Beware of the EtG Test for alcohol if you are on probation and subject to random alcohol and drugs screens
The Ethyl Glucuronide (EtG) Test:
This is a test that probation officers frequently administer to test for the presence of alcohol in the systems of people who are on probation. Ethyl Glucuronide is a metabolite (which is formed as part of the natural biochemical process of degrading and eliminating the compounds) of ethanol which is the type of alcohol in alcoholic beverages such as beer, wine or liquor. Even if a person had consumed enough alcohol so that their blood alcohol level would be above .08% (the legal limit to drive), their blood alcohol level would typically be 0% the next morning assuming that they did not consume a very large amount of alcohol the night before. The Etg Test is also known as the "80 Hour Test" because it can detect the presence of the alcohol metabolite up to 80 hours after a person has consumed any alcohol. 80 hours is approximately 3.5 days. Chronic abusers of alcohol may have a positive test result closer to the 80 hour mark than a person who consumes only a drink or two. EtG concentrations are measured in nanograms per millileter (ng/mL). Different testing labs can require a different ng/mL threshold level to test positive for alcohol (100/250/500 ng/mL). Other sources of alcohol such as mouthwash or medications containing alcohol may also indicate a positive result on the EtG Test if a lower threshold is used at the lab. CONCLUSION: If a person is on probation and is subject to random drug and alcohol screens, this test can indicate that they have consumed alcohol DAYS later when tested by their probation officer. Many people will falsely assume that if they only have a couple of beers on Saturday and don't have to submit to a drug test until Tuesday of the next week, they are safe from failing any alcohol test. This is not the case. This is another reason to make sure that any person who is subject to random alcohol screens make sure they do not consume any alcohol while on probation. If a person fails their alcohol screen while on probation, the probation officer may file a petition to revoke probation, a court hearing may be set on the issue, and a judge may revoke probation and send the probationer to jail for a certain period or for the remainder of the original sentence.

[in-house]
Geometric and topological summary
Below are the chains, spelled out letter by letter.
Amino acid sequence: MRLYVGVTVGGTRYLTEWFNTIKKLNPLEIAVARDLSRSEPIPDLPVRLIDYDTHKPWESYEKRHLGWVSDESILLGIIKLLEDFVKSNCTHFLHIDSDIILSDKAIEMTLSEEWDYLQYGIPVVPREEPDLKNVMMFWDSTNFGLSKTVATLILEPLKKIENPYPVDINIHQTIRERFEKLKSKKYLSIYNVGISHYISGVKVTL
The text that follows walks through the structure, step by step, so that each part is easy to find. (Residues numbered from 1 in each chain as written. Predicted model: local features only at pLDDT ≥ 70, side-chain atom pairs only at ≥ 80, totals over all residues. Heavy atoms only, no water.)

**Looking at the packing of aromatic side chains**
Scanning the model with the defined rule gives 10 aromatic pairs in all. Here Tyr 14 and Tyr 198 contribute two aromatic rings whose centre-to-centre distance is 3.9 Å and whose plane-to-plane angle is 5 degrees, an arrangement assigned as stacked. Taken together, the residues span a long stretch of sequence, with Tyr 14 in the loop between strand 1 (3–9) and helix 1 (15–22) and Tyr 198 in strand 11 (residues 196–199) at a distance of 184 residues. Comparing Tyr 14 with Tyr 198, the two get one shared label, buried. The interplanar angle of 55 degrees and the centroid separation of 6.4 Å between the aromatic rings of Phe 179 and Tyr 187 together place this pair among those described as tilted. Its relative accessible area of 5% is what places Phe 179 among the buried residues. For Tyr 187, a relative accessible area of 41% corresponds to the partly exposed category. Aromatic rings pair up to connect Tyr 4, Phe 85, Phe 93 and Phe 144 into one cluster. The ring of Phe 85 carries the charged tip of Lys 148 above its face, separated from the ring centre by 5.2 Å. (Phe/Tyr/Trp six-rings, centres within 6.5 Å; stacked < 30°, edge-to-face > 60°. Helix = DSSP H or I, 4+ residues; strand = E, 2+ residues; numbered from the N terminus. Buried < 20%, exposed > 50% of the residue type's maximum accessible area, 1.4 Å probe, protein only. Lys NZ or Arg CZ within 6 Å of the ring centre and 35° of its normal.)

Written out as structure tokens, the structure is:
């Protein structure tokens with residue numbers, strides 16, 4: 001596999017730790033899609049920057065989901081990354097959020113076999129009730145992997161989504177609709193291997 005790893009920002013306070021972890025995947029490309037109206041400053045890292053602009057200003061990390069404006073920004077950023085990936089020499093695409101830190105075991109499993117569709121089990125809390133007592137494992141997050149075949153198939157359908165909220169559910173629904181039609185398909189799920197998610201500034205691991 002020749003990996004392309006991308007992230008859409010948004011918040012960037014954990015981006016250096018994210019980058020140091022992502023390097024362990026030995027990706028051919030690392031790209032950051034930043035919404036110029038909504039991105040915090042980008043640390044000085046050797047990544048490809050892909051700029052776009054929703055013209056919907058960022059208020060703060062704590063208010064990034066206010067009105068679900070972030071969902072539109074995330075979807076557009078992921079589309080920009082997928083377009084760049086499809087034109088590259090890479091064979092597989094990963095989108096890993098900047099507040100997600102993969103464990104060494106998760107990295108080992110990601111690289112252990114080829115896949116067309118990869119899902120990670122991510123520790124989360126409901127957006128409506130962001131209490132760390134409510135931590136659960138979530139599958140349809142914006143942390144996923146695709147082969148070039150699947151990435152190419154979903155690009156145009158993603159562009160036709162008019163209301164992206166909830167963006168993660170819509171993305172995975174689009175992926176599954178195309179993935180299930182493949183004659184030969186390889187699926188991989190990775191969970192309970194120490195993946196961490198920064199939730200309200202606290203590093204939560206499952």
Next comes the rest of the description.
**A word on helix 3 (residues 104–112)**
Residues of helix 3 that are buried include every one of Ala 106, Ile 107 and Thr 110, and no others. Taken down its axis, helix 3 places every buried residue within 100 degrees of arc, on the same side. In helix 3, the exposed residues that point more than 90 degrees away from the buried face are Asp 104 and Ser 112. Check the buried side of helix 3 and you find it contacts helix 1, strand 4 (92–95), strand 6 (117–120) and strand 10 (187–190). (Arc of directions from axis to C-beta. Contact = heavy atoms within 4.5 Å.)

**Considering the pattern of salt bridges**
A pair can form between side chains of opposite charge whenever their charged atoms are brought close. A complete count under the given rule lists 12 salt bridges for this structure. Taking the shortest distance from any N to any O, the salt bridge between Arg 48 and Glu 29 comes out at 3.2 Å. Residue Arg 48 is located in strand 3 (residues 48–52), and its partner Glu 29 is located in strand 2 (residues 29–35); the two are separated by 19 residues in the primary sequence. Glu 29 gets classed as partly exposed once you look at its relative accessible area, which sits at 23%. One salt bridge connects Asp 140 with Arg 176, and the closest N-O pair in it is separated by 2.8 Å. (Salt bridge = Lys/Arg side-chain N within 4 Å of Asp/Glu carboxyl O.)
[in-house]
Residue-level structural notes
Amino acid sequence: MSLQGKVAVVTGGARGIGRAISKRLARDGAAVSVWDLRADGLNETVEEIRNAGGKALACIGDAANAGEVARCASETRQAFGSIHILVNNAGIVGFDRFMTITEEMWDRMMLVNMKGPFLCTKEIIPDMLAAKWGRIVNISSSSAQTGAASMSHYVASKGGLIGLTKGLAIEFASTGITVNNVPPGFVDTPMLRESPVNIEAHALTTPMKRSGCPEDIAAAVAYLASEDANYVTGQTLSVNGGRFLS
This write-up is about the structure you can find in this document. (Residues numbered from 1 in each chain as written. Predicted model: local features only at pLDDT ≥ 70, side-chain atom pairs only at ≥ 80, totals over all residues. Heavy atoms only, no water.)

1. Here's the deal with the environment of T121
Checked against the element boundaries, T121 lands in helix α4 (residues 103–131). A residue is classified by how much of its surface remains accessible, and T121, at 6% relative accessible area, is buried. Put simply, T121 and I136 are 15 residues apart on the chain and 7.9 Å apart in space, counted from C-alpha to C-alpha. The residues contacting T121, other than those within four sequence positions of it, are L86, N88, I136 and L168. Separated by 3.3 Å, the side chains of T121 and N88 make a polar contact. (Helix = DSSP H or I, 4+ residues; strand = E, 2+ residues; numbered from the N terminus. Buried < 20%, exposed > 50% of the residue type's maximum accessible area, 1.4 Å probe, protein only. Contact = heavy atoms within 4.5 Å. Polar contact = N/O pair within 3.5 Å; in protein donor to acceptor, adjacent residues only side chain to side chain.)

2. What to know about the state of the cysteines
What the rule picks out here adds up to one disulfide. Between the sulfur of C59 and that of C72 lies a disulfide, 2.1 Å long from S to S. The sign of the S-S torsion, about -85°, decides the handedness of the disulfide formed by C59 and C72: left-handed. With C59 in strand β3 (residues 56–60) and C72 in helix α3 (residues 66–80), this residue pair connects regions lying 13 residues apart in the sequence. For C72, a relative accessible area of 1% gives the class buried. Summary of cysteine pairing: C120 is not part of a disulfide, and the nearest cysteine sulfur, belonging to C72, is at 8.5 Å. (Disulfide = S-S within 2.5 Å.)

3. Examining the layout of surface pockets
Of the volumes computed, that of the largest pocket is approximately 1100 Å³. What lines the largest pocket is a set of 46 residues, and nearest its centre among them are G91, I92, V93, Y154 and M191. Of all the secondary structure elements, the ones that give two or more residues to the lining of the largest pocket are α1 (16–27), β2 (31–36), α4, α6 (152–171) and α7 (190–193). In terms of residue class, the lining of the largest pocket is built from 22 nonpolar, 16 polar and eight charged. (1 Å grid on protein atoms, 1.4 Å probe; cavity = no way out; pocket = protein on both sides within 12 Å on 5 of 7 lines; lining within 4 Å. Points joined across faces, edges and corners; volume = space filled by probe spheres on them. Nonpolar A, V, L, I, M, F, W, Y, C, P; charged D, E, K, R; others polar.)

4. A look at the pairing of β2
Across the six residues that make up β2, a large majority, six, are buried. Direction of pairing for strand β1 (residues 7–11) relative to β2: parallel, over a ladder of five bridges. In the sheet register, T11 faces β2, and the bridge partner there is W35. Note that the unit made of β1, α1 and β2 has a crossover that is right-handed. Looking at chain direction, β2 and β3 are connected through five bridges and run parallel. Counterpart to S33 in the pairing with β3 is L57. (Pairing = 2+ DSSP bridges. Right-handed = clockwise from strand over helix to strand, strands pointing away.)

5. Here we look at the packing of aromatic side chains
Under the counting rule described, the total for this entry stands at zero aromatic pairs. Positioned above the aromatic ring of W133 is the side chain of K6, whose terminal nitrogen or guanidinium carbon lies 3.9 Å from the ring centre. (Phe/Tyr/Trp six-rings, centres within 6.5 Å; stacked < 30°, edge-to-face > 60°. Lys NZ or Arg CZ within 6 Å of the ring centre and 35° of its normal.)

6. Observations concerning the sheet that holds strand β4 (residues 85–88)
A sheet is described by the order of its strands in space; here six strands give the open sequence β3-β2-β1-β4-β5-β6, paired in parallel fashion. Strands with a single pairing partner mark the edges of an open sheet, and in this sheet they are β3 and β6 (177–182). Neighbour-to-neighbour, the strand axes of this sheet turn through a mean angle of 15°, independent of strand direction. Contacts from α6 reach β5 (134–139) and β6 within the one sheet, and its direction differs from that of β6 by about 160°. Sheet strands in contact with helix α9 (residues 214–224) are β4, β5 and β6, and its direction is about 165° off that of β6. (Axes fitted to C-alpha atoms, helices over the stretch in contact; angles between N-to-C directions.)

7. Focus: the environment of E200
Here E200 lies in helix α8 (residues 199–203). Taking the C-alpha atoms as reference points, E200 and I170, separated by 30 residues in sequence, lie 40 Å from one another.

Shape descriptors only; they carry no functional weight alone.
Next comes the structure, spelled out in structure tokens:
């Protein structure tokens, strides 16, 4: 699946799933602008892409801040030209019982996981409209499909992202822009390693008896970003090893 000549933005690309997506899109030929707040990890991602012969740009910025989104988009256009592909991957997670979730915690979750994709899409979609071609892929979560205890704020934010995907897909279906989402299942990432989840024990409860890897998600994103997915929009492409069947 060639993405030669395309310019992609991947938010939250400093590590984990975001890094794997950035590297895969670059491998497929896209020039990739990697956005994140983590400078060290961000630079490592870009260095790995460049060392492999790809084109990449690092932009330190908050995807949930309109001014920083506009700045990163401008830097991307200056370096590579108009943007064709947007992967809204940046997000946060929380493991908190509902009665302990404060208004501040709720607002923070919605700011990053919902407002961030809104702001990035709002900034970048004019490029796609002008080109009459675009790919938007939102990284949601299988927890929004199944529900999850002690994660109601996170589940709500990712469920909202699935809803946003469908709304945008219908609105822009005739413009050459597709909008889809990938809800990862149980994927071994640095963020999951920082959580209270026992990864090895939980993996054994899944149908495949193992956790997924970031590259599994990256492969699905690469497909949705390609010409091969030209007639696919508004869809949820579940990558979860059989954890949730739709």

Blog posts by Bill Hardman at DUI Blog and Case Results